The U.S. Internal Revenue Service (IRS) is piloting a new retirement plan compliance program that gives plan sponsors the opportunity to correct plan defects 90 days prior to the commencement of an IRS audit. Here’s what you need to know.
- Notification for an Upcoming Examination: The IRS will notify a plan sponsor by letter if its plan was selected for examination.
- 90-Day Correction Window: The plan sponsor then has 90 days to review its plan documents and operations to determine if they meet current tax law requirements. Any mistakes may be self-corrected under the IRS’ Voluntary Compliance Program (VCP), which is a significant change from the IRS’ general rule that a plan is ineligible for VCP if it has received notice that the IRS intends to audit the plan. If mistakes cannot be self-corrected, the plan sponsor may request a closing agreement with fees determined under VCP rather than the substantially higher amounts that typically would be incurredunder the IRS’ Audit Closing Agreement Program.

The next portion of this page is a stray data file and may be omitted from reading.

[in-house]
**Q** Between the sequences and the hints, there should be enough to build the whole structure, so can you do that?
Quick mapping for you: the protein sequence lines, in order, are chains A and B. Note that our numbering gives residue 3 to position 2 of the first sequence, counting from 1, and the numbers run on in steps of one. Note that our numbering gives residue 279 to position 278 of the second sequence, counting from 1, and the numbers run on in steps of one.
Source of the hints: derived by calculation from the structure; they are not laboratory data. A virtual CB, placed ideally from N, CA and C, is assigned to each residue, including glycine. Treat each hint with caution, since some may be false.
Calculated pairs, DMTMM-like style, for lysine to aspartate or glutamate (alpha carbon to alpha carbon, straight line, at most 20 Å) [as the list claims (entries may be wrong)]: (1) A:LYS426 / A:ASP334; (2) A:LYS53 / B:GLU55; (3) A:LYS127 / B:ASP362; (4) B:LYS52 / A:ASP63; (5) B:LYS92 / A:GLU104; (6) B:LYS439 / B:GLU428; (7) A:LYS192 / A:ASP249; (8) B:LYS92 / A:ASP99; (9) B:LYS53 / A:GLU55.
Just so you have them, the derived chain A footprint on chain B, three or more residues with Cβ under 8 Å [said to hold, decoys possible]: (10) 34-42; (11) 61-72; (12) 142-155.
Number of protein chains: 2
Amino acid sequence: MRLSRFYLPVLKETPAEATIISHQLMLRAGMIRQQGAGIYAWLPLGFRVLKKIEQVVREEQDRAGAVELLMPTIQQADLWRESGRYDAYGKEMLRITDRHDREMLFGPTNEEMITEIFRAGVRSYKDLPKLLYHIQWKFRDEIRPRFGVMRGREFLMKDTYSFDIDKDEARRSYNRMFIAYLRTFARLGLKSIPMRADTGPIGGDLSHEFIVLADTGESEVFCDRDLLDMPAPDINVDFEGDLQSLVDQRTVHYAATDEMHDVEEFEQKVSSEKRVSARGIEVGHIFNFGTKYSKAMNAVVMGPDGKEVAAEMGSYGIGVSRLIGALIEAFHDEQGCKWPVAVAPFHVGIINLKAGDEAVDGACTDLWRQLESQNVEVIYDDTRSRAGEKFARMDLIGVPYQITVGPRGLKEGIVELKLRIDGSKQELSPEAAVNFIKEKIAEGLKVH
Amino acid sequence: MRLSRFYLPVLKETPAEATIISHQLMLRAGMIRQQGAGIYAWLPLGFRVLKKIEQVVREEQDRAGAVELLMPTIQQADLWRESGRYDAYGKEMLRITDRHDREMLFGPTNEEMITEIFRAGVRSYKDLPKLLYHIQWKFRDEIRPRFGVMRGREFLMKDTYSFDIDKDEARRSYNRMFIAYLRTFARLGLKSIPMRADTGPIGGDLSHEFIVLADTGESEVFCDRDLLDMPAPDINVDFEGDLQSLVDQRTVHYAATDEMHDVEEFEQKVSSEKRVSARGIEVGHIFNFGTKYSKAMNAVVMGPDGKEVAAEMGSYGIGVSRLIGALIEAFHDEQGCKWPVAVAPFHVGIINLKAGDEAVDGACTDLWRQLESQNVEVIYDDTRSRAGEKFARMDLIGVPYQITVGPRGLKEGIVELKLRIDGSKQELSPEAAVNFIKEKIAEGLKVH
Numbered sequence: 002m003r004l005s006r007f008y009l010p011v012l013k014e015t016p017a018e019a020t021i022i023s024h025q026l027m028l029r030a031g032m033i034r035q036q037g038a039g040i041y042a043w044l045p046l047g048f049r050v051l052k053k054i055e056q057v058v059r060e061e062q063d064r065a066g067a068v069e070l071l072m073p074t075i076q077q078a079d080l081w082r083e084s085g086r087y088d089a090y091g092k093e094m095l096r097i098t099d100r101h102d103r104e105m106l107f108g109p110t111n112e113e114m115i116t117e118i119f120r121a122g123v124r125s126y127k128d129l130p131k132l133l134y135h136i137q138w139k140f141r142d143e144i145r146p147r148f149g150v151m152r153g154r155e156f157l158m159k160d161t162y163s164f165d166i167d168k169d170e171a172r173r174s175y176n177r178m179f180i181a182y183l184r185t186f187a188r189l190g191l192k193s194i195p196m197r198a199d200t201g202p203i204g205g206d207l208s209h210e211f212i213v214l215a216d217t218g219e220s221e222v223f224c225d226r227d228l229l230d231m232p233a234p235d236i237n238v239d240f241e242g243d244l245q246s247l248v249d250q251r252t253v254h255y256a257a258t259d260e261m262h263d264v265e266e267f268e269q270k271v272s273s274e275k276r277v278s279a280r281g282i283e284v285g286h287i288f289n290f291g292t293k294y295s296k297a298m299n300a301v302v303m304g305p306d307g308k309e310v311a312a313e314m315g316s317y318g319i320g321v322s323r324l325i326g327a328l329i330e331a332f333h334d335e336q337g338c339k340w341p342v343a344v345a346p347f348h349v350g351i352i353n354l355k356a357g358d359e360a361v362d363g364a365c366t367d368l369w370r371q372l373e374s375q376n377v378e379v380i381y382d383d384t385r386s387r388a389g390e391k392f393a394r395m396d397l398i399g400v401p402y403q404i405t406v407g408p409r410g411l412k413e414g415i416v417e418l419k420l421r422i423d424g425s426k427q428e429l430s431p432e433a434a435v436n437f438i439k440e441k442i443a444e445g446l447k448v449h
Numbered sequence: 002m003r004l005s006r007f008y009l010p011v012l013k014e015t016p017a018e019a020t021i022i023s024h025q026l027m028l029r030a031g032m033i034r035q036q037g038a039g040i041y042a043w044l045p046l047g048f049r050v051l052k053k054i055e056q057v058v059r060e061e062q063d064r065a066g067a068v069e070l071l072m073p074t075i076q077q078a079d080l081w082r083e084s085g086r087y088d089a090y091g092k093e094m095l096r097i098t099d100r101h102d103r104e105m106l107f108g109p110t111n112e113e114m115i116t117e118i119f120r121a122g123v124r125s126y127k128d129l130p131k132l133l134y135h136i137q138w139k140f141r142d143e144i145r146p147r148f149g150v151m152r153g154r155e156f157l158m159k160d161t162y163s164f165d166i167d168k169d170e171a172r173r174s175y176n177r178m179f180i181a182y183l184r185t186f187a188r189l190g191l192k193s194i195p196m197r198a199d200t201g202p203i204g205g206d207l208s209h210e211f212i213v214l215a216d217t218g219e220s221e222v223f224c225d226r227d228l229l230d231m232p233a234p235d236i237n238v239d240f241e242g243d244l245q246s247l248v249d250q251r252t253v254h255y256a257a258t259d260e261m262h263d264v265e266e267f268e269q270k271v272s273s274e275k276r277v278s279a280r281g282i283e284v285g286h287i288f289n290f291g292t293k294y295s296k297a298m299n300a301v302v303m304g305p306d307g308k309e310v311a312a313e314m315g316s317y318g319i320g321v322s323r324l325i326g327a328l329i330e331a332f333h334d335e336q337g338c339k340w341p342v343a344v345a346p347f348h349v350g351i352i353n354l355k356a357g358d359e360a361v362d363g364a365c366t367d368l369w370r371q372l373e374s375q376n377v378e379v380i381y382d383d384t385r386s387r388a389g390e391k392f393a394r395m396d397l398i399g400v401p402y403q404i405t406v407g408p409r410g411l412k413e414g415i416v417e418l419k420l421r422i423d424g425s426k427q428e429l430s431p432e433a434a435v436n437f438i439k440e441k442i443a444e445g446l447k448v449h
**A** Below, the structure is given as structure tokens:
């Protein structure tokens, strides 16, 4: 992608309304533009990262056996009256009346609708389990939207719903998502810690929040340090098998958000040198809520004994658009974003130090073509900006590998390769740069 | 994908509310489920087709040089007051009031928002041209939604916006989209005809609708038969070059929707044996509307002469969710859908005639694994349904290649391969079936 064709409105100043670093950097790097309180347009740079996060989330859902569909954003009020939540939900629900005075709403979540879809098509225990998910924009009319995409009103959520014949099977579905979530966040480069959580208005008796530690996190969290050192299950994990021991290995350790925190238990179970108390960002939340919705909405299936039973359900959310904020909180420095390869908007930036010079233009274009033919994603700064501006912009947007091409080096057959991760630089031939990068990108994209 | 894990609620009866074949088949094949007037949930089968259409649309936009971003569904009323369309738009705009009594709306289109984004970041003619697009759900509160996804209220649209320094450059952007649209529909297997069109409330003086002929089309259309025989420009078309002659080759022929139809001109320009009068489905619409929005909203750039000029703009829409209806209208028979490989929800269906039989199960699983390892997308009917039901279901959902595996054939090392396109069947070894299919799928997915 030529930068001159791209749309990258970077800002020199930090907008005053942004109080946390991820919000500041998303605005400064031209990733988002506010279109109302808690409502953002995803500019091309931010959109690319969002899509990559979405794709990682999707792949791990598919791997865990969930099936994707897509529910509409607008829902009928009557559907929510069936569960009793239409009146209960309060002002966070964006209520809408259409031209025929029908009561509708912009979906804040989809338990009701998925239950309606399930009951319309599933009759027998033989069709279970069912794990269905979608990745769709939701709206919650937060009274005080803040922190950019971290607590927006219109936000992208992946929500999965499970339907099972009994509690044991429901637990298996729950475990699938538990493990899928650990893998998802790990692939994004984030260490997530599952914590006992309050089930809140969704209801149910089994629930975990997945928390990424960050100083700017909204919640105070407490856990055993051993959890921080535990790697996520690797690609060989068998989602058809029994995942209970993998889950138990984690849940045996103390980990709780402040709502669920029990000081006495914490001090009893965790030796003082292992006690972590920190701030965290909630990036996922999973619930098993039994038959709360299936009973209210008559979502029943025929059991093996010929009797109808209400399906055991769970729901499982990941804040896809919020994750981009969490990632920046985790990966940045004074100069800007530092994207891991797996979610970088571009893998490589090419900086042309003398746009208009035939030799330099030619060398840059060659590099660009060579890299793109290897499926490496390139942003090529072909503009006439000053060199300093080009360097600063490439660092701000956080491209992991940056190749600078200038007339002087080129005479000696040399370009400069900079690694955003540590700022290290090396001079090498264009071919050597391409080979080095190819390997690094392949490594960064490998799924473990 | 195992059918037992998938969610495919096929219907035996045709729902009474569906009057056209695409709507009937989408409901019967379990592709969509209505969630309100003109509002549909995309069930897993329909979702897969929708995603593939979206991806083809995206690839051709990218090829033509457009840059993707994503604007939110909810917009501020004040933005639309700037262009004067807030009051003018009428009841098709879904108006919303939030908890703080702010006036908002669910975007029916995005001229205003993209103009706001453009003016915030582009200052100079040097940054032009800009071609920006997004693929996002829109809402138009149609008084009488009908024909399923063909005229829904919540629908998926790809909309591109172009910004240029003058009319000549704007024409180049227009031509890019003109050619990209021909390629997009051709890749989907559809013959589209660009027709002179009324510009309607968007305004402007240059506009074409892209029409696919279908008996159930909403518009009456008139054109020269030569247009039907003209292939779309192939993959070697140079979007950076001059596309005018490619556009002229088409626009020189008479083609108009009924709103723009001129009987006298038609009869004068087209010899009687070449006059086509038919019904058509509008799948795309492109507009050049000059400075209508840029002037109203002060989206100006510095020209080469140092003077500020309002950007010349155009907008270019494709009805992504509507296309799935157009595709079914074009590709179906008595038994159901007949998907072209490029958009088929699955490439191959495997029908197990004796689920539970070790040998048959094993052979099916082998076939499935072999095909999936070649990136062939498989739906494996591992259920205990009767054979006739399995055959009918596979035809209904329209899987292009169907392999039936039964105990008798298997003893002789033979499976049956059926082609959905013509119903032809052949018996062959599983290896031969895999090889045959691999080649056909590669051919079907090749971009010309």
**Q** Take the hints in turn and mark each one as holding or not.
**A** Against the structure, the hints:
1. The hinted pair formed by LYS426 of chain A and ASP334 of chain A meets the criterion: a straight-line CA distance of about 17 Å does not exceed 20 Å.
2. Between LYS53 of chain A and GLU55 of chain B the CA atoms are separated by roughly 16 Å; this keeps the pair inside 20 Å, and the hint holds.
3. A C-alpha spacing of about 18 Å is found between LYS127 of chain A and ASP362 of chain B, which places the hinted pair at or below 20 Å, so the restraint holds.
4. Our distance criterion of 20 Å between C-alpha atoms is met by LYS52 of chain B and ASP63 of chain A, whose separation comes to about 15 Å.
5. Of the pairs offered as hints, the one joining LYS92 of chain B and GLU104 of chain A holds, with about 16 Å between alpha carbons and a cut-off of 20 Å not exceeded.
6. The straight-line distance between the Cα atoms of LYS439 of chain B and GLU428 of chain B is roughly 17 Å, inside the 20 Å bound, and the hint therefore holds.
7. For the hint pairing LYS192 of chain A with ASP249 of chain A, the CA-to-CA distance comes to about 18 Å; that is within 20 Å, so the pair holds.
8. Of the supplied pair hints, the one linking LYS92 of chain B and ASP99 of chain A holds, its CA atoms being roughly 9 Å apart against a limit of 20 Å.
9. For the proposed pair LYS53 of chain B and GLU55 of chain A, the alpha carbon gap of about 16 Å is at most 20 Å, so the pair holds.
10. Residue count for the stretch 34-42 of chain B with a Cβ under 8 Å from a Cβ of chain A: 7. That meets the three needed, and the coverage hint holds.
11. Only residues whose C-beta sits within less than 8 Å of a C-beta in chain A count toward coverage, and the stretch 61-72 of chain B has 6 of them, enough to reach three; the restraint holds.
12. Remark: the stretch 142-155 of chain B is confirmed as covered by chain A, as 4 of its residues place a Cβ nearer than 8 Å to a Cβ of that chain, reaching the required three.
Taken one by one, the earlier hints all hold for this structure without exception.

- IRS Final Review: The IRS will review the plan sponsor’s conclusions and documentation to determine whether mistakes were appropriately self-corrected and, depending on its findings, will either issue a closing letter or conduct a limited or full-scope examination.
Plan sponsors should consider the following actions.
- Perform a compliance review. Conducting a detailed review to identify and correct plan errors identified by the IRS often takes longer than 90days because information needed to complete the review is held by third-party recordkeepers and administrators. Plan sponsors should consider performing periodic internal compliance reviews to confirm that all applicable requirements are being satisfied.
- Respond quickly. Plan sponsors who receive the 90-day IRS preaudit letter should respond quickly and determine as soon as possible what they need to submit to the IRS in response and whether any corrective action is needed. If a plan sponsor fails to respond within 90 days, the IRS will schedule the audit.
- Be proactive. Potential corrective actions will be significantly less expensive for a plan sponsor who self-identifies errors, so it’s important to correct errors as soon as they are discovered.
Summer associate Chad Tucker* contributed to this Sidley Update.
*not admitted to practice
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